In a non-standard published study (translated from the original Russian) Sanina & Kochetkova (1963) exposed a group of rats to dimethyl terephthalate vapour (generated by heating) for 2 hours per day, 6 days per week for 2 months. The exposure concentration was 1 -6 mg/L. Repeated exposure produced a pronounced a pronounced irritating effect on the conjunctiva and respiratory tract, accompanied by moderate haemodynamic disorders. The authors then conducted another study where the rats were exposed for 5 months to concentrations of 0.001 -0.004 mg/L or 0.04 -0.07 mg/L: the two exposure concentrations were not run concurrently. The 5 -month exposure generated the same effects as were seen in the 2 month exposure study, but the effects were more clearly expressed. At the higher concentration, function of the nervous and vascular system and kidney function were disrupted. 30% of the rats died from circulatory disorders. Exposure to the lower concentration resulted in a chronic inflammation of the organs, a suppressed nervous system, slight anaemia, reticulocytosis and hypotension. A NOAEL could not be identified for either exposure period.

In a more recent study (Krasavage et al, 1973), male Long-Evans hooded rats were exposed repeatedly to dimethyl terephthalate dust at concentrations of 16.5 and 86.4 mg/m³ for 4 hours/day, 5 days/week for a total of 58 exposure. Signs of irritation (blinking, preening and rubbing) were seen during the exposure to the high concentration. No other effects were observed. The respirable fraction of the total number of aerodynamically sized particles (<5.0 µm) was 36%. Based on this aerodynamic particle size value, the rats in the inhalation study received calculated average doses of 4.0 and 0.7 mg/kg bw. The NOAEL can be considered to be 86.4 mg/m³. Given the absence of overt toxicity in this study, the findings of the previous study (Sanina & Kochetkova, 1963) are somewhat surprising and cannot be exaplained.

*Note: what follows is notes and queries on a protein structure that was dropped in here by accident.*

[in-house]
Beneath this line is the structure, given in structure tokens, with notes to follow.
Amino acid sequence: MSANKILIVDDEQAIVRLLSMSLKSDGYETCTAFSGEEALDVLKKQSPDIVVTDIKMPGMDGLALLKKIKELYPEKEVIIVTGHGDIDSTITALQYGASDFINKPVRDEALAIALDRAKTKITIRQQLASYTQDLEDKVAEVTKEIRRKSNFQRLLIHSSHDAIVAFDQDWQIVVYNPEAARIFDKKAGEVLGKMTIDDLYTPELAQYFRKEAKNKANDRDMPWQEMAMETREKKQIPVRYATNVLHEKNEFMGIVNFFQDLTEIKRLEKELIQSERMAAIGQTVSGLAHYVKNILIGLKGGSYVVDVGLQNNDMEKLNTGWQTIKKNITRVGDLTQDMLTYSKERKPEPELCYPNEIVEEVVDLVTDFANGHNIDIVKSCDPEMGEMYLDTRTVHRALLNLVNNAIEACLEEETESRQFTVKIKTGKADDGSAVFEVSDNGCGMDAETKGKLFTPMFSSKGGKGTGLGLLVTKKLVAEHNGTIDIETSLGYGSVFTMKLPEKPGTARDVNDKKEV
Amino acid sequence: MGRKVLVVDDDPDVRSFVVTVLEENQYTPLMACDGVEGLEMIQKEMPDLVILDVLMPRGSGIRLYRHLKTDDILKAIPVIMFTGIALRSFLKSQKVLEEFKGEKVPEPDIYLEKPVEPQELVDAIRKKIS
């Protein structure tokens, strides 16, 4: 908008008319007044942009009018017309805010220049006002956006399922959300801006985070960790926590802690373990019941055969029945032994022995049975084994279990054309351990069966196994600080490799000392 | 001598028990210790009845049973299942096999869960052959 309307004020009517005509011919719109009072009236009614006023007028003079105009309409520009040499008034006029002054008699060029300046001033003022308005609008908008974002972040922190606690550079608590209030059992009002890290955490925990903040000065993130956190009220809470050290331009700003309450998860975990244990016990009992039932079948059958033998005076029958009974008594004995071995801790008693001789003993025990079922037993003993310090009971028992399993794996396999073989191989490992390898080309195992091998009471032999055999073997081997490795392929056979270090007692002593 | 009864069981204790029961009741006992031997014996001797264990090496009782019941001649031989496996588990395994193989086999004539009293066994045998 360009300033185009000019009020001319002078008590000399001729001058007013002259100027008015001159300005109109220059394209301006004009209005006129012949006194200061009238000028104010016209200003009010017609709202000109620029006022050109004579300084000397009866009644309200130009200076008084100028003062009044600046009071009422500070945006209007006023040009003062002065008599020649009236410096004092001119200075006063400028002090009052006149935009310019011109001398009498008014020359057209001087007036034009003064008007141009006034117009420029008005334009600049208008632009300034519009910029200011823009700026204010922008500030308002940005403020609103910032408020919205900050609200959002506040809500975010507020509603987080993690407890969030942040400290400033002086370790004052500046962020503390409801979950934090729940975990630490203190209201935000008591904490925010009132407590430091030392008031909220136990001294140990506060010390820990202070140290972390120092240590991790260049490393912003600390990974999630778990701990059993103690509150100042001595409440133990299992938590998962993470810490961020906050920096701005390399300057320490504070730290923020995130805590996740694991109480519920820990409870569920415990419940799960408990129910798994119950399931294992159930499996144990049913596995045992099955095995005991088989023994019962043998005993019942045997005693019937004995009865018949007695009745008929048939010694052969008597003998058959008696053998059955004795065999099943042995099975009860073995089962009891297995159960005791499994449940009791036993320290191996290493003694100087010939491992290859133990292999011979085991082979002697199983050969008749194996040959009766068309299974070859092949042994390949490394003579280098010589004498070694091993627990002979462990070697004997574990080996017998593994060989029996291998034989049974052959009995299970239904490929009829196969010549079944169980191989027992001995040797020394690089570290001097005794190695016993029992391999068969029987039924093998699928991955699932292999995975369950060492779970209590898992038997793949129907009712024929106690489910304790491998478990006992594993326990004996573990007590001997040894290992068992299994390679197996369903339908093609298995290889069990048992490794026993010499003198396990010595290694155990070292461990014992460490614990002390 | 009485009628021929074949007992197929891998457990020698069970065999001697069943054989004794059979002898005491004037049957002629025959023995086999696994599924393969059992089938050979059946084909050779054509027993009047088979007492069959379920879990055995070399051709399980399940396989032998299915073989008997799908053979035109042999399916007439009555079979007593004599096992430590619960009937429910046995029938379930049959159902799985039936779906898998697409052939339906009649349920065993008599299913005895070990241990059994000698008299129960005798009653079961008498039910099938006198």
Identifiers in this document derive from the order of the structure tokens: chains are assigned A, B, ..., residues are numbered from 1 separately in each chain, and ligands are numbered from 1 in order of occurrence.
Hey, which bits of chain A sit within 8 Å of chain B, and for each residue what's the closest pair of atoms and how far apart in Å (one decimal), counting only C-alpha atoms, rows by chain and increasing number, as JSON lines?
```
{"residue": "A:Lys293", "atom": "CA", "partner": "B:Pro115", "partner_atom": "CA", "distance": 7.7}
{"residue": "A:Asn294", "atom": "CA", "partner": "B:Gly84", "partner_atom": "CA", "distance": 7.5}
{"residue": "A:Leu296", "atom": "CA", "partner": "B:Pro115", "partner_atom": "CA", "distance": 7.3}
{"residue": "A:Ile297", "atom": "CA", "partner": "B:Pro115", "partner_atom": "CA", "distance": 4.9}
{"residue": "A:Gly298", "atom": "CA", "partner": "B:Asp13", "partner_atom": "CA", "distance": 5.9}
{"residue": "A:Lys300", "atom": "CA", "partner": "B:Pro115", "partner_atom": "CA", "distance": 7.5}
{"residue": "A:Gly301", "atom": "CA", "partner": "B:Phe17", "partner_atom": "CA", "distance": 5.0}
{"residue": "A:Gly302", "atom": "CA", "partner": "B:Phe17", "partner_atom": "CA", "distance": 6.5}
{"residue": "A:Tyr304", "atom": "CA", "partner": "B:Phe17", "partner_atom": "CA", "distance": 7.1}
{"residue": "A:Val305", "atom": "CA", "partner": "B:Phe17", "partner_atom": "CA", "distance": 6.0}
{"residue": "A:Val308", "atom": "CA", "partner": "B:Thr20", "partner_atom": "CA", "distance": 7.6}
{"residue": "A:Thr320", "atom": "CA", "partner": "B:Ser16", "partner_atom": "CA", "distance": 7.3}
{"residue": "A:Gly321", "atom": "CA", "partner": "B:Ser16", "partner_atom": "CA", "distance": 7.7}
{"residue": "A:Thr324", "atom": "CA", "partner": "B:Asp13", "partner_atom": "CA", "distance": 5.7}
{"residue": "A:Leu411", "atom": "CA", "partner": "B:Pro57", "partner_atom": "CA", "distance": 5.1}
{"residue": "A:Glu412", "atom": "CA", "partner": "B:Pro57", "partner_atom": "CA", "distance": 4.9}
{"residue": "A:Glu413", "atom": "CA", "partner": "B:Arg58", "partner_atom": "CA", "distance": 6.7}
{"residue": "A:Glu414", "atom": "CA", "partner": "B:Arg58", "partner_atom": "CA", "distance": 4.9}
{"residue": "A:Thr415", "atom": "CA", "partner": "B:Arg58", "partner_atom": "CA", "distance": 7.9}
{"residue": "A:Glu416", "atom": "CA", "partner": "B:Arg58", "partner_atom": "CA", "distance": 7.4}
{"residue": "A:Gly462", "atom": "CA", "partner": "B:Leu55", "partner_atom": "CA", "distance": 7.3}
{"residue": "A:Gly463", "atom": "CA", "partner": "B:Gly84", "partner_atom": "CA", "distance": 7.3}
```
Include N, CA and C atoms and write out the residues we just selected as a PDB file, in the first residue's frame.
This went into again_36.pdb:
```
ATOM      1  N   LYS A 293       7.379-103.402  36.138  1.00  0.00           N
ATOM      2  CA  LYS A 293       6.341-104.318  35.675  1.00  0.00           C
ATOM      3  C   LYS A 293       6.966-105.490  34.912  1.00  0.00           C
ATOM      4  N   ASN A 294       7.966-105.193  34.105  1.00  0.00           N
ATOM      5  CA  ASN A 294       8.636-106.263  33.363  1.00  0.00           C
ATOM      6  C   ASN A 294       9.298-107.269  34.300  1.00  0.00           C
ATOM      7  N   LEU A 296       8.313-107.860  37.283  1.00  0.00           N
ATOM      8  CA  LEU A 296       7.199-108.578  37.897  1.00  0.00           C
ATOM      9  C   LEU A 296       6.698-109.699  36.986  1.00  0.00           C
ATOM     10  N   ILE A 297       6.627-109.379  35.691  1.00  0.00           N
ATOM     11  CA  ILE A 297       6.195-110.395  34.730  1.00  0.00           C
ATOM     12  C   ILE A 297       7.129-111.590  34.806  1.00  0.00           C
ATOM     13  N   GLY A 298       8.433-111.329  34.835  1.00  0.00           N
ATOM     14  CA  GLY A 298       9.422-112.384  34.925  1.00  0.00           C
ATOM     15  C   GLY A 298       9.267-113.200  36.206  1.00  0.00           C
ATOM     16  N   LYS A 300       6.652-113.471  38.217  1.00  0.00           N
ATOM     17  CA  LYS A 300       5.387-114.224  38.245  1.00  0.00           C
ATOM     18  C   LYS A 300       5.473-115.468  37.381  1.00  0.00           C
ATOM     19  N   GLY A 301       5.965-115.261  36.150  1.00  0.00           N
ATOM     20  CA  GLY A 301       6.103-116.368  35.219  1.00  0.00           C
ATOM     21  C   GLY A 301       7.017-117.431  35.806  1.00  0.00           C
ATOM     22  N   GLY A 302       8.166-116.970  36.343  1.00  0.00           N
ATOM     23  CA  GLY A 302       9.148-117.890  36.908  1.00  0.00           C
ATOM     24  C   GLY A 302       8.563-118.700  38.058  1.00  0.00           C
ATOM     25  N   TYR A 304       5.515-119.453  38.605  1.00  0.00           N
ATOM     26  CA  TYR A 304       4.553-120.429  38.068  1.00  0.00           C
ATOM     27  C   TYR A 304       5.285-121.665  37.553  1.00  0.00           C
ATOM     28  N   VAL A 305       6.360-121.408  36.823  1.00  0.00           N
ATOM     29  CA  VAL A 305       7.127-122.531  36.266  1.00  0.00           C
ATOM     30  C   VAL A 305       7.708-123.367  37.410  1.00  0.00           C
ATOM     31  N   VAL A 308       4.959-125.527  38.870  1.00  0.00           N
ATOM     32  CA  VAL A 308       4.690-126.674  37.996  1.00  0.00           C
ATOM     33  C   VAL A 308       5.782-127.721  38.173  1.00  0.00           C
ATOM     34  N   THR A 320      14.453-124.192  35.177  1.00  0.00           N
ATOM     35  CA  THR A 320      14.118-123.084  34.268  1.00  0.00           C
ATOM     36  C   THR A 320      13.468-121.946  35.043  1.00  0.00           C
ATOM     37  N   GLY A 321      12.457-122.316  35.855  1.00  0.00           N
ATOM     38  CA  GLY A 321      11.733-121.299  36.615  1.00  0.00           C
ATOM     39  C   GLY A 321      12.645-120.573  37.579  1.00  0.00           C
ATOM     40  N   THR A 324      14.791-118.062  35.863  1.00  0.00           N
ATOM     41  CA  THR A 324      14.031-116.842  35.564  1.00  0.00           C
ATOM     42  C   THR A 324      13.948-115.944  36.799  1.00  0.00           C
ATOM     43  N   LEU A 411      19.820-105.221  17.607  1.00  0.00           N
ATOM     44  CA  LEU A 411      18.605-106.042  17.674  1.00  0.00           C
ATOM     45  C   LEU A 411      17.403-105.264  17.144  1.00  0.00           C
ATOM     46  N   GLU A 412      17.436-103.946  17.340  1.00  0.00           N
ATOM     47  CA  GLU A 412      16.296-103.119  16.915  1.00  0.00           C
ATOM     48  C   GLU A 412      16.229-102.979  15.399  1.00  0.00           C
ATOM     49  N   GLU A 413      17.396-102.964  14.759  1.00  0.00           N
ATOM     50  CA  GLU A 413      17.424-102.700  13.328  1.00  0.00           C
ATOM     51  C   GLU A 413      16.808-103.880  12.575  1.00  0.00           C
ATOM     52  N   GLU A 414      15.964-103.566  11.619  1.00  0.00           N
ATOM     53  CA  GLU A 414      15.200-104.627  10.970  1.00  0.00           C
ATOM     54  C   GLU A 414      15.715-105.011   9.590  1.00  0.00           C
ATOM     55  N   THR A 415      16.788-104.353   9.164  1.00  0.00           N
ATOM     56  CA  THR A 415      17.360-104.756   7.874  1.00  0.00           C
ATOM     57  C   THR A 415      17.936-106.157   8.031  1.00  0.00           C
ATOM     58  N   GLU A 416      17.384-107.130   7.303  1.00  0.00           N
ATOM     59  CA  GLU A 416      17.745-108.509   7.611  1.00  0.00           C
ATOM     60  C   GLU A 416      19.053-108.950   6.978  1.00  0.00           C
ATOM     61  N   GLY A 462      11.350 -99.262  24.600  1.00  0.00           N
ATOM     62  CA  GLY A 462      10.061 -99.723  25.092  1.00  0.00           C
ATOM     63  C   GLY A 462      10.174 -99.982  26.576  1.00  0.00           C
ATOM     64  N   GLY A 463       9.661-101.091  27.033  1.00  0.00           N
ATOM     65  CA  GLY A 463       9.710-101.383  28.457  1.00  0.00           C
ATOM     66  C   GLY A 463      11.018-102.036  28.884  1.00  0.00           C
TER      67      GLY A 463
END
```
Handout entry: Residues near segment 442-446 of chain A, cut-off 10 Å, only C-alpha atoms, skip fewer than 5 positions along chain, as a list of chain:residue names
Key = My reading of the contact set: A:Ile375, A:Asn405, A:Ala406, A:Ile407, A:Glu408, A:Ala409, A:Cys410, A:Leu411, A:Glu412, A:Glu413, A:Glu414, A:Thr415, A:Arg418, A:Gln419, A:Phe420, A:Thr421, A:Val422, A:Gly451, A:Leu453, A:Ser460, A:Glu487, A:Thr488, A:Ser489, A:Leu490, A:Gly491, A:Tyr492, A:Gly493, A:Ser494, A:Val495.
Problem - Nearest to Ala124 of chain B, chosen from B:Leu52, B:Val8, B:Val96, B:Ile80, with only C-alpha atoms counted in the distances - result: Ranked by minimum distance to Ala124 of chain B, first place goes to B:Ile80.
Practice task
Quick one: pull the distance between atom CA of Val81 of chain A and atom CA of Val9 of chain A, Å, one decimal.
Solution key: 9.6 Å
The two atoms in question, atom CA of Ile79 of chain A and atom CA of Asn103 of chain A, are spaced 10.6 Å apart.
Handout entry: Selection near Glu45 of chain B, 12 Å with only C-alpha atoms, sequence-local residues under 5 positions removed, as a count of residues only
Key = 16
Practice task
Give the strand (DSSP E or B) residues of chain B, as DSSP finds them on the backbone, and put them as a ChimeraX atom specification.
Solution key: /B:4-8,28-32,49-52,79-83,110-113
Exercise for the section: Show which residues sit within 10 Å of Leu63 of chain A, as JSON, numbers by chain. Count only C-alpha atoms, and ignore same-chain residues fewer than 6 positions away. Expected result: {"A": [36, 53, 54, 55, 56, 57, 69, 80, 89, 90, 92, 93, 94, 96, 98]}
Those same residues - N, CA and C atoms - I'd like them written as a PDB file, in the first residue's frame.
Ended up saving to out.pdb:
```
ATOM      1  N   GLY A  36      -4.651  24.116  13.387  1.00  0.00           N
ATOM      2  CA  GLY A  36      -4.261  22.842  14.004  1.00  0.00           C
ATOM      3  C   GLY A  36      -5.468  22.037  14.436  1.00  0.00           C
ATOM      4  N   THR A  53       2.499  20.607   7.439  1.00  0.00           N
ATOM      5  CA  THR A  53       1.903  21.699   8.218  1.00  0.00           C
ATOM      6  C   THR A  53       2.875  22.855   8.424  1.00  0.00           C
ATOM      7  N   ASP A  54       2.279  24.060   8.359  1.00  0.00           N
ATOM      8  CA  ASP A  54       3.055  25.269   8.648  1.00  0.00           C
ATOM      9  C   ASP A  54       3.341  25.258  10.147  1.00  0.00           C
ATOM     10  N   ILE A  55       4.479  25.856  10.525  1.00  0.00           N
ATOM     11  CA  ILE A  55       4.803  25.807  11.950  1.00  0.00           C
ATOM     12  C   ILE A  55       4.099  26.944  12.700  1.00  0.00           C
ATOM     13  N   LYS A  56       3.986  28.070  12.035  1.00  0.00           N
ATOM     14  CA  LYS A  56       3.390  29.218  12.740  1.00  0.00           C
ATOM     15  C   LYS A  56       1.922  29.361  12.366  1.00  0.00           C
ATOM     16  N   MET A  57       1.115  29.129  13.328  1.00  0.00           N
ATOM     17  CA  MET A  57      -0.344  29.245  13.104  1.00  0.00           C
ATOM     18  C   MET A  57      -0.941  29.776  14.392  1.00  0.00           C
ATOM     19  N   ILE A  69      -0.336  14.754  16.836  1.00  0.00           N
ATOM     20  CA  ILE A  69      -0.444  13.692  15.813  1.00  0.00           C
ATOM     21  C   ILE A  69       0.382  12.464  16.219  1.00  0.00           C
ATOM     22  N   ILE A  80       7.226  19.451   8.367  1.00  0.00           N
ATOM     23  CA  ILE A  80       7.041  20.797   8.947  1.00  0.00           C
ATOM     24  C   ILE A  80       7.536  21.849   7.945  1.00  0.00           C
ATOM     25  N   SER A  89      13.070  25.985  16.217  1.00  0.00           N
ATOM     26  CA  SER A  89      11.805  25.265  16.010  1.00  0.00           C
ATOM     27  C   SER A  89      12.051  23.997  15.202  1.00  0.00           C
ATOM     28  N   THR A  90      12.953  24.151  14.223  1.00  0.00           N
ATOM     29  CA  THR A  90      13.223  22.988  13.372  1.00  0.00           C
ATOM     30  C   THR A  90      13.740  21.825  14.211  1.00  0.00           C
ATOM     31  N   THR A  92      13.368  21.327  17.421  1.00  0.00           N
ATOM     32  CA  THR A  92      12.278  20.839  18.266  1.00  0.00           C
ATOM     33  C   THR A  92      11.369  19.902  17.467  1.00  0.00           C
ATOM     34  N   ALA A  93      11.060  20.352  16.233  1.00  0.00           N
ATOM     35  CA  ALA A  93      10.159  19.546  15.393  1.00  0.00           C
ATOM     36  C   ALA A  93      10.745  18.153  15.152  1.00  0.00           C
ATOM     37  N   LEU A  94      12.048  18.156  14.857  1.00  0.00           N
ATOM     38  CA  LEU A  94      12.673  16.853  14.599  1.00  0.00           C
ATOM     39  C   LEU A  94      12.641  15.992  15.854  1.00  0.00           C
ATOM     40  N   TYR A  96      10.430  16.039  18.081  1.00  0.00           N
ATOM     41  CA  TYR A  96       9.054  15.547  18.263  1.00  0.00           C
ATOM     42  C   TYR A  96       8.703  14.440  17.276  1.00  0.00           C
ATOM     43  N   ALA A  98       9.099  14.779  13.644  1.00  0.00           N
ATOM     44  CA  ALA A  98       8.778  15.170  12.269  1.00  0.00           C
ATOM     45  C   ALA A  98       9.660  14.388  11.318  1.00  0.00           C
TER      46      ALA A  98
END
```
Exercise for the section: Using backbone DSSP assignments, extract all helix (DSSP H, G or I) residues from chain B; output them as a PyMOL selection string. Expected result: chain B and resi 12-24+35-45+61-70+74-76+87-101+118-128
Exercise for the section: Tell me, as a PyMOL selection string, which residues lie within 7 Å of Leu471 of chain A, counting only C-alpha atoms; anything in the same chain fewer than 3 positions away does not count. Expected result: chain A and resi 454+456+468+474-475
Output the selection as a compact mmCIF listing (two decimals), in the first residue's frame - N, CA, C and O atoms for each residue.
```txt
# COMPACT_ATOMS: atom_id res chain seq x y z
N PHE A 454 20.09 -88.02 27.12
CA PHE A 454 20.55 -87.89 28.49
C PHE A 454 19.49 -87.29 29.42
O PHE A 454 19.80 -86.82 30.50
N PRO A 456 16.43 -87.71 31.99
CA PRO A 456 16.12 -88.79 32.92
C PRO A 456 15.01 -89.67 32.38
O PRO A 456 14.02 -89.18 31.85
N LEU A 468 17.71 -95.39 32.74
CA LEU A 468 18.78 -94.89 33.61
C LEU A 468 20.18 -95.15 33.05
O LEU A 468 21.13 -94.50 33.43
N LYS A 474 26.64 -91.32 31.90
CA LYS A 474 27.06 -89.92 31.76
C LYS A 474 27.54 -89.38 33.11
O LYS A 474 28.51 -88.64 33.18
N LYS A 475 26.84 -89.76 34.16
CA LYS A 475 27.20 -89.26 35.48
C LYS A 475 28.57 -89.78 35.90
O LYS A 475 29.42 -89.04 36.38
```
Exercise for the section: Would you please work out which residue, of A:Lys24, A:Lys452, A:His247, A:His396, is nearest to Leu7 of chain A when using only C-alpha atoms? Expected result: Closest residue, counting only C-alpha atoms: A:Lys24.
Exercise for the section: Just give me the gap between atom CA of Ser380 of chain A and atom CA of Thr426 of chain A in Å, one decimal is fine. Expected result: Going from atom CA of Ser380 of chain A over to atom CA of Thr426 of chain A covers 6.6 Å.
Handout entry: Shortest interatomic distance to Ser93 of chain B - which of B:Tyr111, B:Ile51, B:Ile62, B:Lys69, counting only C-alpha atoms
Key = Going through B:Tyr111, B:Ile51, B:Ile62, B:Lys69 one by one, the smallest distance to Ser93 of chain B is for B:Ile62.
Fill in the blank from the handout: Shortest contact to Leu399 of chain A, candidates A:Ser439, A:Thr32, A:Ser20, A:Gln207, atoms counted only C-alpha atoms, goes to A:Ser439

Justification for classification or non-classification

DMT was shown (in more reliable studies) to be of low toxicity. The primary effects of repeated oral exposure appear to be secondary to reduced food consumption due to poor dietary palatability and/or are only seen at high dose levels. One published study reports marked effects following inhalation exposure to DMT vapour, however a more modern and reliable study involving exposure to DMT dust does not report any effects of exposure with the exception of behavioural observations consistent with mild (and possibly physical) irritation. No classification is therefore proposed according to the CLP Regulation.